Mbeke: "We are not the bastards who forced boys and girls to be child soldiers. Nor are we asking you to get shot at like adult infantry. That stopped a week ago when the missiles flew all over the world and the moving booby traps--"
selectee: (correcting) "They're called HK's."
Mbeke: "--and the walking machines came."
"Yes, elder." he said to the gray old man. "We need to continue to avoid the machines until you adults organize training, get effective weapons, gather information on the enemy, build underground bunkers, and get transportation. We need to grow food for civilians as well as soldiers. We can't continue to live off cassava roots only."
Mbeke: "We are trying to do what you suggest but we survivors are all babies and very old people. Everyone in between has been slaughtered. I will die soon myself. Griots like me know these things. If you do not act beyond your years, then we are all lost. You have military experience. The rest of us do not."
selectee: "I ran away from my unit and was trying to get home to my parents when all this happened. I only stayed with this group because I found that my parents are dead."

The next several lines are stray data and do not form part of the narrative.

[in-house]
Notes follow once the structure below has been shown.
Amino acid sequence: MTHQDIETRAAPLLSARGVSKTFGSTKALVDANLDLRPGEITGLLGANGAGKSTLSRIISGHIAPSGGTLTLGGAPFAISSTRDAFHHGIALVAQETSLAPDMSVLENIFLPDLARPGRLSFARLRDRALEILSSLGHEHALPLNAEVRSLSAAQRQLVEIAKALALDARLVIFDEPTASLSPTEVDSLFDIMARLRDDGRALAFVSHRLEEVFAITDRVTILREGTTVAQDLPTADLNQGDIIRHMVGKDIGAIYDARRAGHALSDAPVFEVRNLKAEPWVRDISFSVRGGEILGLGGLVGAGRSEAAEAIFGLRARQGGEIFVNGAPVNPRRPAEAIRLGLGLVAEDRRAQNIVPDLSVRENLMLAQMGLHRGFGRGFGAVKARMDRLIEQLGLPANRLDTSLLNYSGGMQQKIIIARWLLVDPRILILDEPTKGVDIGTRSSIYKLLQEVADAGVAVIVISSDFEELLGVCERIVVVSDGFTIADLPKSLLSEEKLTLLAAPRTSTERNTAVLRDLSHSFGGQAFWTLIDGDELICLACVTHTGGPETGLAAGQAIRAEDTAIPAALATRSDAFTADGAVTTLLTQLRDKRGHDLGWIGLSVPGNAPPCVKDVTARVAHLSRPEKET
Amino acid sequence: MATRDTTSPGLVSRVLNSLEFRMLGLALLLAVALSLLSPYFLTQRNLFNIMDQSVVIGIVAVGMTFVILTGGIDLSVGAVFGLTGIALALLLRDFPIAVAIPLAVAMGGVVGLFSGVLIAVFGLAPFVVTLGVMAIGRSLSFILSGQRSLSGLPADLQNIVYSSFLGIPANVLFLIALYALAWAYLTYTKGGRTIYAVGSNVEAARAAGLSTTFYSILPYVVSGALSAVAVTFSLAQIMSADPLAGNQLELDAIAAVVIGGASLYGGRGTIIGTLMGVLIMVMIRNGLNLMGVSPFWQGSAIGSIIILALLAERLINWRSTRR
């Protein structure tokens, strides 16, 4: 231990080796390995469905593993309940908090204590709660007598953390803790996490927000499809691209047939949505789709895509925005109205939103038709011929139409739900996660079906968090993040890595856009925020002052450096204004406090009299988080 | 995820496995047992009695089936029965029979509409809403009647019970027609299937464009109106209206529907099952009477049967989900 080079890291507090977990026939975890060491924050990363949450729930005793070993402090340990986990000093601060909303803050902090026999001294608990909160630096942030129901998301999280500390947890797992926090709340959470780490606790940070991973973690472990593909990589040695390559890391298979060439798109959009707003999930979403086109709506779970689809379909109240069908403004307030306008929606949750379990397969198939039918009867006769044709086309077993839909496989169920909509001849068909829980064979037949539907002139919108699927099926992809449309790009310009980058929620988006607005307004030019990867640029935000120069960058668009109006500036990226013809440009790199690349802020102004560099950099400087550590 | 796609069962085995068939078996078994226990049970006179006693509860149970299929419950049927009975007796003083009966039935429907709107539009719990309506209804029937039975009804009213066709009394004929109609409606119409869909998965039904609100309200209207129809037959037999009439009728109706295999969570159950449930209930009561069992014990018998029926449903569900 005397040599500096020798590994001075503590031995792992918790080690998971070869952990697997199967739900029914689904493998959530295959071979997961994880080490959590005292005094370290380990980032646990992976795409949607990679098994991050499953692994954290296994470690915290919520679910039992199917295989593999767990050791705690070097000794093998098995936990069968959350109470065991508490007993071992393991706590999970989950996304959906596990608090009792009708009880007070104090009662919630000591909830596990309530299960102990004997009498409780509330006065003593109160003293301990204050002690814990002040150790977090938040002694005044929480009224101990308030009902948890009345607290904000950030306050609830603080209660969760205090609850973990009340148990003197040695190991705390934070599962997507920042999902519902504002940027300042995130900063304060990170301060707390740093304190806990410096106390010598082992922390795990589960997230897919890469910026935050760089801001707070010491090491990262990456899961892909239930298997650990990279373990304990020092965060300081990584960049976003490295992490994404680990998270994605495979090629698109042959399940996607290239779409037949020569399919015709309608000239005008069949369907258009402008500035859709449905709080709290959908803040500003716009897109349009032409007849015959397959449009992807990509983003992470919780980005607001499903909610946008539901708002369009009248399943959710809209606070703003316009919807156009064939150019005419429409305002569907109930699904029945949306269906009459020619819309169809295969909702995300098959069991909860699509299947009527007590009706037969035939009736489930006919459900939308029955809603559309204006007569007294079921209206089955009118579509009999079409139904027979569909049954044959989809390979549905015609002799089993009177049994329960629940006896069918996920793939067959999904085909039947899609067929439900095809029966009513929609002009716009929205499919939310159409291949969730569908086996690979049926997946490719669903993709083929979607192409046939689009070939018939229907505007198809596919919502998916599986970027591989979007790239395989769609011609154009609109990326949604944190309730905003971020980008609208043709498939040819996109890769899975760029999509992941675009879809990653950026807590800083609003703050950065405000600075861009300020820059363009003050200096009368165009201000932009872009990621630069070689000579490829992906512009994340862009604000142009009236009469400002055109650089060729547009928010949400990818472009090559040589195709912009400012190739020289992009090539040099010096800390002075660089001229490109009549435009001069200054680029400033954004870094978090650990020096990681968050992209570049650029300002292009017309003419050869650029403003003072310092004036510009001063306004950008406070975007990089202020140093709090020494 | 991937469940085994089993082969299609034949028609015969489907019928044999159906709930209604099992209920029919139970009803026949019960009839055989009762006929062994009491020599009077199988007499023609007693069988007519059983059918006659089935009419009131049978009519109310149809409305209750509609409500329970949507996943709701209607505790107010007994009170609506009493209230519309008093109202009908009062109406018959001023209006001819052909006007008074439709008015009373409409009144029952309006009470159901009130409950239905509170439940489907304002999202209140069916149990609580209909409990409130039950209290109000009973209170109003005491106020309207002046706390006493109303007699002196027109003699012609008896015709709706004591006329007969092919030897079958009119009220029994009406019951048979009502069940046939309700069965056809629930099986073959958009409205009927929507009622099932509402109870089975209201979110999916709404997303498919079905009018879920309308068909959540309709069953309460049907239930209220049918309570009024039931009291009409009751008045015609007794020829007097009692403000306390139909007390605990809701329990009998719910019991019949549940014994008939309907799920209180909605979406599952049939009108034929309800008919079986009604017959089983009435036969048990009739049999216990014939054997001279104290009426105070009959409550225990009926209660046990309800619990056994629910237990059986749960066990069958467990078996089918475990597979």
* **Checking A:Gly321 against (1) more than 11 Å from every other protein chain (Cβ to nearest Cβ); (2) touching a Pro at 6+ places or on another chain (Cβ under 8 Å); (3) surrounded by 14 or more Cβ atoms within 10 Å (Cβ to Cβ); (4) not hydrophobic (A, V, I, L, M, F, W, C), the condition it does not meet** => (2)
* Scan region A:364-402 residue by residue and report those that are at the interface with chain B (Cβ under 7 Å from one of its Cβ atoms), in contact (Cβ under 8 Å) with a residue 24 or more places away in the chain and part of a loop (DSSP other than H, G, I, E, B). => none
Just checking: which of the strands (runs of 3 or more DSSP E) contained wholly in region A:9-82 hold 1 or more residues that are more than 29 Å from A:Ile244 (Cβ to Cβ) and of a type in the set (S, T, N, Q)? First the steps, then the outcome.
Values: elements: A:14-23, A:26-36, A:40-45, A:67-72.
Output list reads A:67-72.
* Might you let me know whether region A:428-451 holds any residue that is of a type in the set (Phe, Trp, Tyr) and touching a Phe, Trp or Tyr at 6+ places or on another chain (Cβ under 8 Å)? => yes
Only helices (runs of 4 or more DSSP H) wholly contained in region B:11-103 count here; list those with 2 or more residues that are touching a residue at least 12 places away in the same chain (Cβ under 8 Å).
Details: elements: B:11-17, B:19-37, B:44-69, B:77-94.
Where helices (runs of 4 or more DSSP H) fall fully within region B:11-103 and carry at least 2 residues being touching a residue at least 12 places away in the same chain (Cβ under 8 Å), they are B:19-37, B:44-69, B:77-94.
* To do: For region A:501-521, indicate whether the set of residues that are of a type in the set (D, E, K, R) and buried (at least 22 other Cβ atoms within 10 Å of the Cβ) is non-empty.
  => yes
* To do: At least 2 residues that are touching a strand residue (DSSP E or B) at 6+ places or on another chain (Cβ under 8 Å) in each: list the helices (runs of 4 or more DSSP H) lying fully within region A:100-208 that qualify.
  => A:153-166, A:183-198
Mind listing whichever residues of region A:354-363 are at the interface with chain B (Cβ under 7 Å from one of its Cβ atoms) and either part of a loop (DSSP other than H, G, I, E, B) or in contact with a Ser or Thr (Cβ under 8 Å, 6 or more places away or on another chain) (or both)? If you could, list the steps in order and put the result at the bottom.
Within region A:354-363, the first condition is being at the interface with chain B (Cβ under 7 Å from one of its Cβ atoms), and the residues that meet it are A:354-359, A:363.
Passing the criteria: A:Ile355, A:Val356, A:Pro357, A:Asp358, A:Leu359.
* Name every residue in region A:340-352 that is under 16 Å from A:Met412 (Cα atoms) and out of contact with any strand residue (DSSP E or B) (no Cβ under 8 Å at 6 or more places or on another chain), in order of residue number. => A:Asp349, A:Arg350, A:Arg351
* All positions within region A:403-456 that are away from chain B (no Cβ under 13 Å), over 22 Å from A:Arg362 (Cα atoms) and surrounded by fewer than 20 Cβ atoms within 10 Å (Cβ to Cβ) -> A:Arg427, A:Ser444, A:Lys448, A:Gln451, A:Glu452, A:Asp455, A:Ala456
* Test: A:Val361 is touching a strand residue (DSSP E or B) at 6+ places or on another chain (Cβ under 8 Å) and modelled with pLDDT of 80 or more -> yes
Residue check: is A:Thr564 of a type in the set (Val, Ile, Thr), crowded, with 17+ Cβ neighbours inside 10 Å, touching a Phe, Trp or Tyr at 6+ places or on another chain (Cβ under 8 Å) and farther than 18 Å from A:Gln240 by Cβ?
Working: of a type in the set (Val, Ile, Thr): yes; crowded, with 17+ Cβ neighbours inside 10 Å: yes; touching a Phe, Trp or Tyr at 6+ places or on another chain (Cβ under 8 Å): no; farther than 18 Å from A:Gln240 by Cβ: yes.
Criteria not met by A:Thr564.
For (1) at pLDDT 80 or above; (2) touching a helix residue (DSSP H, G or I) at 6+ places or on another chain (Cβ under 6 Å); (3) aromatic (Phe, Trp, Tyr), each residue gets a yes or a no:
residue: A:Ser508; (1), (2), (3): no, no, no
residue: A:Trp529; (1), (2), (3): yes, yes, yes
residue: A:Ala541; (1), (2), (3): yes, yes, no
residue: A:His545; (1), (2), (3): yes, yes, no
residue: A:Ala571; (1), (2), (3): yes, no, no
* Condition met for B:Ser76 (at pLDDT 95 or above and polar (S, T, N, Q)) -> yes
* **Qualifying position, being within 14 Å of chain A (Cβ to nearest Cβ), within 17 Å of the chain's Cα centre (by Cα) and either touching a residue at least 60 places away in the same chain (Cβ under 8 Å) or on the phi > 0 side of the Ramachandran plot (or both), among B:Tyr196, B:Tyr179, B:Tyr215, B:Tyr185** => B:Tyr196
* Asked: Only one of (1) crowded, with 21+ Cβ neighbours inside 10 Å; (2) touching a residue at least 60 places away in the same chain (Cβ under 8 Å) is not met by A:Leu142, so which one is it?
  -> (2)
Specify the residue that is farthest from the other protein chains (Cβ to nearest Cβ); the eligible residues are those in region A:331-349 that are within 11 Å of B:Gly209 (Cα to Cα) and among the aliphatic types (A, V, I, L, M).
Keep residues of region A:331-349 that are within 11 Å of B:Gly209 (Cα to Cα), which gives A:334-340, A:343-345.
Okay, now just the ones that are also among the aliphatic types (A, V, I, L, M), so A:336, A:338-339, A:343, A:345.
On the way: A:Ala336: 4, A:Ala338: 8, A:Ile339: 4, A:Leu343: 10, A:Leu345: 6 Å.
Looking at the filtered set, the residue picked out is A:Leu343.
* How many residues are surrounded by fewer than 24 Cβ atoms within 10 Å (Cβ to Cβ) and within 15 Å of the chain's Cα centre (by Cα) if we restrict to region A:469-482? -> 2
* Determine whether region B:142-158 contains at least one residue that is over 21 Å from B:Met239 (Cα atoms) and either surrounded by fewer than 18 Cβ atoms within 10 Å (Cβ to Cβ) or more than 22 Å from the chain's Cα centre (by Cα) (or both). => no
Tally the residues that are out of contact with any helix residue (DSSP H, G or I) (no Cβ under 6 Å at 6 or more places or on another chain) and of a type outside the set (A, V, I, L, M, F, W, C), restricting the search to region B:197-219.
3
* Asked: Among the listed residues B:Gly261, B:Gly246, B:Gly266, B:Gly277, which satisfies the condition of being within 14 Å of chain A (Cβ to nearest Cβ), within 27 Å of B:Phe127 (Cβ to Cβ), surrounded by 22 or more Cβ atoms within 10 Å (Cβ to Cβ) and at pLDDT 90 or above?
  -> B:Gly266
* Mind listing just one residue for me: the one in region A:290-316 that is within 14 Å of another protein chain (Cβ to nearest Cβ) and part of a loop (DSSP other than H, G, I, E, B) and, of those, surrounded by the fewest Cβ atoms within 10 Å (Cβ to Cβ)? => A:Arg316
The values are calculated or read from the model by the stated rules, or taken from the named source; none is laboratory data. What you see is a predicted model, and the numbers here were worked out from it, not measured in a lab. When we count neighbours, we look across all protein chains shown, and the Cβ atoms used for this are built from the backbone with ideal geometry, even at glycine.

"Justin, I know that you are sick of war and military matters but you have leadership qualities and organizational skills. We will make it worth your while."
"How? Why would I want to be a target for more bullets?"
"You already have the rank of colonel but, as of now, are Brigadier Perry. If you accept the mission and succeed, then you will become a full general very quickly. You will have bodyguards to wake you up each morning, tuck you in at night, and protect you all day long. When you are older, you can dispense with the foster parents."
Actually, Justin thought of Mbeke as a father figure but he said nothing as the elder continued.
"You already have a regiment, albeit old men and teenagers, but now you will have a staff, specialists, a brigade and soon a division."
"Sounds like you have it under control. You don't need a little boy." he narrowed his eyes and thought.
"I have already made allowances for your age. What do you want?"
He was ready to walk away. Sneak out of camp this very night. He asked for the impossible to make Mbeke's ridiculous plans go away.